Freedom, good and evil, love, feminism, success, morality, and chauvinism are abstract concepts. Concrete concepts are those that have physical referents, whereas abstract concepts have none.
Abstract concepts are frequently of interest to philosophers because they raise questions about ontology and sensory experience. Some philosophers, beginning with Plato, have argued that the primary subject of philosophy and metaphysics is abstract concepts.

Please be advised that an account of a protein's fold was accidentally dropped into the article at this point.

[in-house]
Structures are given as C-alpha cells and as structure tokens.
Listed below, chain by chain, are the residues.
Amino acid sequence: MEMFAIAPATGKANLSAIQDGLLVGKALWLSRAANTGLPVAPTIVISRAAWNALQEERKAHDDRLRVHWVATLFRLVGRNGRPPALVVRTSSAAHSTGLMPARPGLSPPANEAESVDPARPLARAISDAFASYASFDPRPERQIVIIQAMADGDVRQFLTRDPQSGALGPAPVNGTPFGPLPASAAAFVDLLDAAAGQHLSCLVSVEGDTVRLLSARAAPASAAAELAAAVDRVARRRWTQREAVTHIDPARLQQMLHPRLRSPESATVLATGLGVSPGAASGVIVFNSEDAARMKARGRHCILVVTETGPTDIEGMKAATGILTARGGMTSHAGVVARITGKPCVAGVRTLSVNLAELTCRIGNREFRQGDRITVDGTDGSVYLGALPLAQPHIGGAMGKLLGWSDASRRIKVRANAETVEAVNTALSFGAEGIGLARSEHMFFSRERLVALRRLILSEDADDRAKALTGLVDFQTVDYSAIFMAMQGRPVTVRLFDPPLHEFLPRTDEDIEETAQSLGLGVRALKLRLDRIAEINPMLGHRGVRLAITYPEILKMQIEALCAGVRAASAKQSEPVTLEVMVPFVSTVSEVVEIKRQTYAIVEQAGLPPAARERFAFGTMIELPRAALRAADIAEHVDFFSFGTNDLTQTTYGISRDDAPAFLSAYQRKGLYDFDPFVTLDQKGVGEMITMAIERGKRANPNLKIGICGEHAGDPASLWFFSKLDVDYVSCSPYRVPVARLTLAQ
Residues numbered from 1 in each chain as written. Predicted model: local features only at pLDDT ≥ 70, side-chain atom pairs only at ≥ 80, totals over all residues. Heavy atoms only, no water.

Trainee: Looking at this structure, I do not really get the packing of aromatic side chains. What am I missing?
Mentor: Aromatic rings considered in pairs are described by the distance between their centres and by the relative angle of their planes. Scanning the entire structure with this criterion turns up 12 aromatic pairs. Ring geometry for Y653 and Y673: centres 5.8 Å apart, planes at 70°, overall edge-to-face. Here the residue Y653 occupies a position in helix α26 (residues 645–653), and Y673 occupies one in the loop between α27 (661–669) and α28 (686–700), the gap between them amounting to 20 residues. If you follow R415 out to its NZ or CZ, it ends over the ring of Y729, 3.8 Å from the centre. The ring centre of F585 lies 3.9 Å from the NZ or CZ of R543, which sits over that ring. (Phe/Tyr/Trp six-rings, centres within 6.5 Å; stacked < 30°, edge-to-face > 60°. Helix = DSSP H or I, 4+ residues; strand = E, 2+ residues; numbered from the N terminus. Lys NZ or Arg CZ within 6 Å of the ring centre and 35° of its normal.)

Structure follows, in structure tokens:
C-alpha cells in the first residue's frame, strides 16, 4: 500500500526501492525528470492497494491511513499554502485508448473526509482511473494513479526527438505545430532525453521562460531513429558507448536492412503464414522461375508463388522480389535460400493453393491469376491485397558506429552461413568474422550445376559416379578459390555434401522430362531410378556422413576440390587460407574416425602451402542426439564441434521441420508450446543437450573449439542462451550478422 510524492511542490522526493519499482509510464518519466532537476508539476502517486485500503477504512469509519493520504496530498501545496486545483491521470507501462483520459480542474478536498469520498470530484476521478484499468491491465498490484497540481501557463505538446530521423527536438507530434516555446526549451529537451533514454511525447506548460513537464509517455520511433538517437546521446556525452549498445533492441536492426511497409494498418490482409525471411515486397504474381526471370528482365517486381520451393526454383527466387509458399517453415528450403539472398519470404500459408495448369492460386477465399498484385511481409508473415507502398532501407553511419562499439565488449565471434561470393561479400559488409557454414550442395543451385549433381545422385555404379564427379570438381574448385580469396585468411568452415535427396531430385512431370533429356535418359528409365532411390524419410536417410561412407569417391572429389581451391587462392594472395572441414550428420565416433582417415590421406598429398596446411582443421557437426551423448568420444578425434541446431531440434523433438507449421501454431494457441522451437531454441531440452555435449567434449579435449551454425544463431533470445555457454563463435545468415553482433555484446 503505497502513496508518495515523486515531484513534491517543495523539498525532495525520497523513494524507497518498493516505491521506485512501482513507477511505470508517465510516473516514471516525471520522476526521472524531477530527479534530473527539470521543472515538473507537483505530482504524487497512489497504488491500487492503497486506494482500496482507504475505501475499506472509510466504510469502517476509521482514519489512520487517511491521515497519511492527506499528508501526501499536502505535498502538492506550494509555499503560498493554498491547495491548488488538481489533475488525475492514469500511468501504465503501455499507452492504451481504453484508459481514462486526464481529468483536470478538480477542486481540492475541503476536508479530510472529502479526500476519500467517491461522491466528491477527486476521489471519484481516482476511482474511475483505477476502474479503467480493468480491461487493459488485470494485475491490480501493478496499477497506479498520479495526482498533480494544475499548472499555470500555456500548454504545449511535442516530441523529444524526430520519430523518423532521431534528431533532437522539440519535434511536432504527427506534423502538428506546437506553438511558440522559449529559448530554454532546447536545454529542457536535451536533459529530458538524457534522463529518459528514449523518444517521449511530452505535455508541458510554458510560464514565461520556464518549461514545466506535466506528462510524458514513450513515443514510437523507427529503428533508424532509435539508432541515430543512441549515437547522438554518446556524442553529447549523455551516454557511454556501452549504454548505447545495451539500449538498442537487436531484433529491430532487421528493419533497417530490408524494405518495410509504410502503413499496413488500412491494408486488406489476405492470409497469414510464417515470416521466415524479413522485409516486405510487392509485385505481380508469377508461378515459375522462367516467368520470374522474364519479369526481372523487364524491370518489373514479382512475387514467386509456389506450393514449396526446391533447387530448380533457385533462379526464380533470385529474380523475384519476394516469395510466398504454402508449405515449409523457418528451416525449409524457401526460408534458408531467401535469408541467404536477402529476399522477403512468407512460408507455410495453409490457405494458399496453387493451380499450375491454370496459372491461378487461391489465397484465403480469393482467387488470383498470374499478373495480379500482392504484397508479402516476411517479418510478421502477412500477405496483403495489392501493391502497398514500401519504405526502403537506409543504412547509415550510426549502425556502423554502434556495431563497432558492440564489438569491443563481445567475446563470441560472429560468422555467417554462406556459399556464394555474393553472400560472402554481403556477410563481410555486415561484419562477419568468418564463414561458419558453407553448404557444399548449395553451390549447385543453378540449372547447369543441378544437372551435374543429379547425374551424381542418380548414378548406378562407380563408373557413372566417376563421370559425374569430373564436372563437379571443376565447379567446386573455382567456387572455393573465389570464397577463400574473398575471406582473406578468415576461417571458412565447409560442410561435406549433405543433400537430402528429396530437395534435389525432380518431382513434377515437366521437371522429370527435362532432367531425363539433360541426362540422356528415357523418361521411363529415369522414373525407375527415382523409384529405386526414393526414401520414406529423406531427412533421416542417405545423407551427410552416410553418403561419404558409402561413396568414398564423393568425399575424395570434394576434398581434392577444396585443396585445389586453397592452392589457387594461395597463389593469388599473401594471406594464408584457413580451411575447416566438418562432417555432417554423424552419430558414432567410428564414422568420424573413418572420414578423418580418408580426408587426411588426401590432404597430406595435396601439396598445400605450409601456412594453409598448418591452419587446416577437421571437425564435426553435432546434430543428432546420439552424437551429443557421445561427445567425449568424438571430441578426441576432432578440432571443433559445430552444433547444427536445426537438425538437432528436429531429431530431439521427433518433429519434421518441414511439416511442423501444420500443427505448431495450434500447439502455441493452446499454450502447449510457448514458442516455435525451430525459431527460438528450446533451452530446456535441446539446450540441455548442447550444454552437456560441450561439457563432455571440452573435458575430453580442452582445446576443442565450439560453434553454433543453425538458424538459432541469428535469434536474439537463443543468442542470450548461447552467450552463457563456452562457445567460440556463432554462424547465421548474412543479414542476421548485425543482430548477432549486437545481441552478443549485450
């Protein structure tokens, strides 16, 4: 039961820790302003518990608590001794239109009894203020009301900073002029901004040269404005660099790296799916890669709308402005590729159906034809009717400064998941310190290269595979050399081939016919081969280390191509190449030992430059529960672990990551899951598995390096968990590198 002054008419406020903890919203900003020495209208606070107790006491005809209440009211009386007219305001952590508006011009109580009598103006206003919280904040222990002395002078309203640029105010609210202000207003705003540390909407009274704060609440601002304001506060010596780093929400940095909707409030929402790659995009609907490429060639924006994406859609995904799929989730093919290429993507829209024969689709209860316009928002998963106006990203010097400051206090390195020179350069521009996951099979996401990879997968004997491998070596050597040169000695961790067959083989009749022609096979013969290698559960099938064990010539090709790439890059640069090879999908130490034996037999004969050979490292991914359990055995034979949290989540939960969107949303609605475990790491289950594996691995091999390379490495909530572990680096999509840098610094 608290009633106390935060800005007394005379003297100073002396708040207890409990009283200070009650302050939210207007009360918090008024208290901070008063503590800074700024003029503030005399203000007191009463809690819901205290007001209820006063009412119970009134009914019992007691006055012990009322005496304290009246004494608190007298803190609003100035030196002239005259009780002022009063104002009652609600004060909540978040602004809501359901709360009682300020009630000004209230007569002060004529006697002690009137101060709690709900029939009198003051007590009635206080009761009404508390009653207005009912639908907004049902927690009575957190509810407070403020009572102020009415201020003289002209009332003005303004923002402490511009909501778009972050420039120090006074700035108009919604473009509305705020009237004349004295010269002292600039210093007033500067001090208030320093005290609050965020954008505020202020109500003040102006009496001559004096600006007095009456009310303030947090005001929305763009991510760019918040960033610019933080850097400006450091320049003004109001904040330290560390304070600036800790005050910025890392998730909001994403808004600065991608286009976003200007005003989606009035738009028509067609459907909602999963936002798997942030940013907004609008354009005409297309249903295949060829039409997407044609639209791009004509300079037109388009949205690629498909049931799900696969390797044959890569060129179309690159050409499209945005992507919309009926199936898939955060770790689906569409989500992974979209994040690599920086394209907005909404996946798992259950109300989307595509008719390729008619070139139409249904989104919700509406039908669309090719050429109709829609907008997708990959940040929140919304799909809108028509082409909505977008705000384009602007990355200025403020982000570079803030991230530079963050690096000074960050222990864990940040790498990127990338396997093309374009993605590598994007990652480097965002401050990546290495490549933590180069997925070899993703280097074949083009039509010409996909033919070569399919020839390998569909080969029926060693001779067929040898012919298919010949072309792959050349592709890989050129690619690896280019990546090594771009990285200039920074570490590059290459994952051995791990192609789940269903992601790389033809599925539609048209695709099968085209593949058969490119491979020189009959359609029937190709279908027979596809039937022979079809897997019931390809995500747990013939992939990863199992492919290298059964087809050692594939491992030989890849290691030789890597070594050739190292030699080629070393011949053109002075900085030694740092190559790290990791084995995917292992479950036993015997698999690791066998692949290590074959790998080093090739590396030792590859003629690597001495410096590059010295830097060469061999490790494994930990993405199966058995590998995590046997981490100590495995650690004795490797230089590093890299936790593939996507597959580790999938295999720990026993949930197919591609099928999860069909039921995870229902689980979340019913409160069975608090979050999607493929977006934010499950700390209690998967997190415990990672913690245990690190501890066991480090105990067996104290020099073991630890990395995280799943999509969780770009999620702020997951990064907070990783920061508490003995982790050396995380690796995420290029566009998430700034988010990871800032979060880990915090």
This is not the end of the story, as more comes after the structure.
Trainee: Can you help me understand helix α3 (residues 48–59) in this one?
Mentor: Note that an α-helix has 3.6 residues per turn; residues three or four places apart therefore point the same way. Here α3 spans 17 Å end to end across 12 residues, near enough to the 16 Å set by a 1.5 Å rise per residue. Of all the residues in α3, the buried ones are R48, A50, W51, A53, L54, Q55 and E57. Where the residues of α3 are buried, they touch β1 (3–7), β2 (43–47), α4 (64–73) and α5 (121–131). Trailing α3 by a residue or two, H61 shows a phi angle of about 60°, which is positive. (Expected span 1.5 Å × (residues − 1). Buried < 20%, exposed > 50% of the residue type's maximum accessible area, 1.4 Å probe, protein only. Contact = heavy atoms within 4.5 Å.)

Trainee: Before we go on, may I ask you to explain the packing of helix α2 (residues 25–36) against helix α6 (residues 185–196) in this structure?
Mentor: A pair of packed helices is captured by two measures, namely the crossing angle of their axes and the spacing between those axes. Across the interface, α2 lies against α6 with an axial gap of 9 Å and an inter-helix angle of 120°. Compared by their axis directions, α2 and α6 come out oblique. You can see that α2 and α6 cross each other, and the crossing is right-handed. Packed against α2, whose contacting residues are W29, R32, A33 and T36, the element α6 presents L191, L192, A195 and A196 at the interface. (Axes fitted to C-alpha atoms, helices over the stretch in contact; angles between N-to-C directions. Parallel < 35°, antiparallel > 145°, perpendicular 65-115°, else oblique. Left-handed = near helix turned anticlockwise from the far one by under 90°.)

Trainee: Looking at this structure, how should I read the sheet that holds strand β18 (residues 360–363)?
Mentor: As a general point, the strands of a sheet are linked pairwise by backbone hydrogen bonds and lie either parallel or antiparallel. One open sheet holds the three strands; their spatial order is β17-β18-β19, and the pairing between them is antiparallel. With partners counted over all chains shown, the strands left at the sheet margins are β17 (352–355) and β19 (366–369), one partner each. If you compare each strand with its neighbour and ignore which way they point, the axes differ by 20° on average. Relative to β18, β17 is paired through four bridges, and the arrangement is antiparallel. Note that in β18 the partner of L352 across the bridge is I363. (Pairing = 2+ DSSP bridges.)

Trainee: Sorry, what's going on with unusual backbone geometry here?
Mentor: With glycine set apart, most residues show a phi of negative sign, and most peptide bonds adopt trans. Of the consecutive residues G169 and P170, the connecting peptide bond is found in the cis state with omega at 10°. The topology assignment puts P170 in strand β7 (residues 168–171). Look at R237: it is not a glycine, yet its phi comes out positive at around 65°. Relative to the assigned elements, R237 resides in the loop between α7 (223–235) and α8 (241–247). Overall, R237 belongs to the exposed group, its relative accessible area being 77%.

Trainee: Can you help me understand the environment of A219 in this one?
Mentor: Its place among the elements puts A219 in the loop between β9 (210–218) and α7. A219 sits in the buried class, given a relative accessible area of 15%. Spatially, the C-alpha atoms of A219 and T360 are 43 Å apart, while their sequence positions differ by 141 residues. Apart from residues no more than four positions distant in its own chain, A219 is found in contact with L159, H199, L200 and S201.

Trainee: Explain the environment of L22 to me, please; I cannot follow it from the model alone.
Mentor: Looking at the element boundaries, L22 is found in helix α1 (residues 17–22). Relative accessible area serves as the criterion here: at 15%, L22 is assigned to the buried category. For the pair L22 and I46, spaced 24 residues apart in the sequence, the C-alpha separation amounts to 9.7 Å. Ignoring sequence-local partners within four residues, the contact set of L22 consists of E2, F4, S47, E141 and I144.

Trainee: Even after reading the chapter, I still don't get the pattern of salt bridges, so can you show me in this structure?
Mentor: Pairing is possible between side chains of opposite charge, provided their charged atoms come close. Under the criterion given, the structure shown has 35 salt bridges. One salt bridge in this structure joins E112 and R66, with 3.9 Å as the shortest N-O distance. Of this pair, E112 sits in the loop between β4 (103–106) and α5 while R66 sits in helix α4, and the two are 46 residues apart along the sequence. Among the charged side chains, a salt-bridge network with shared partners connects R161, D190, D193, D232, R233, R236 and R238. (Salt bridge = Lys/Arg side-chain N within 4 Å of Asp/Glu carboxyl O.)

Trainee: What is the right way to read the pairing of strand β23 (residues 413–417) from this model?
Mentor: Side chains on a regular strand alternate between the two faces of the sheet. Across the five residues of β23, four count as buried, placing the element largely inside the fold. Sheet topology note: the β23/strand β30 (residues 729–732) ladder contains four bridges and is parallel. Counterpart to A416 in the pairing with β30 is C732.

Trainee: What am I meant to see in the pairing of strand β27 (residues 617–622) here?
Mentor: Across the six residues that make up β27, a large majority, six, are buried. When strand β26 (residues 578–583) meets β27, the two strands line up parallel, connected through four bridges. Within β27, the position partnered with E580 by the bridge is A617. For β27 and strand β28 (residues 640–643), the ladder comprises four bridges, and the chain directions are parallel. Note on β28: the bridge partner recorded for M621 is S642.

When analysing the mental and psychological development of children, the issue of abstract versus concrete thought is relevant. Young children are incapable of abstract thought. For example, according to the Brain Injury Association of New York State, a 2- or 3-year-old child who reads “Green Eggs and Ham” by Dr. Seuss is typically only able to comprehend the story concretely as that of a person who does not want to eat green eggs and ham and may understand that the story is about a person changing his mind. The story is about the abstract notion that people can change their thoughts and emotions even when they do not believe they can. A child will be able to comprehend this abstract concept if an adult discusses it with him, bringing him closer to understanding abstract concepts.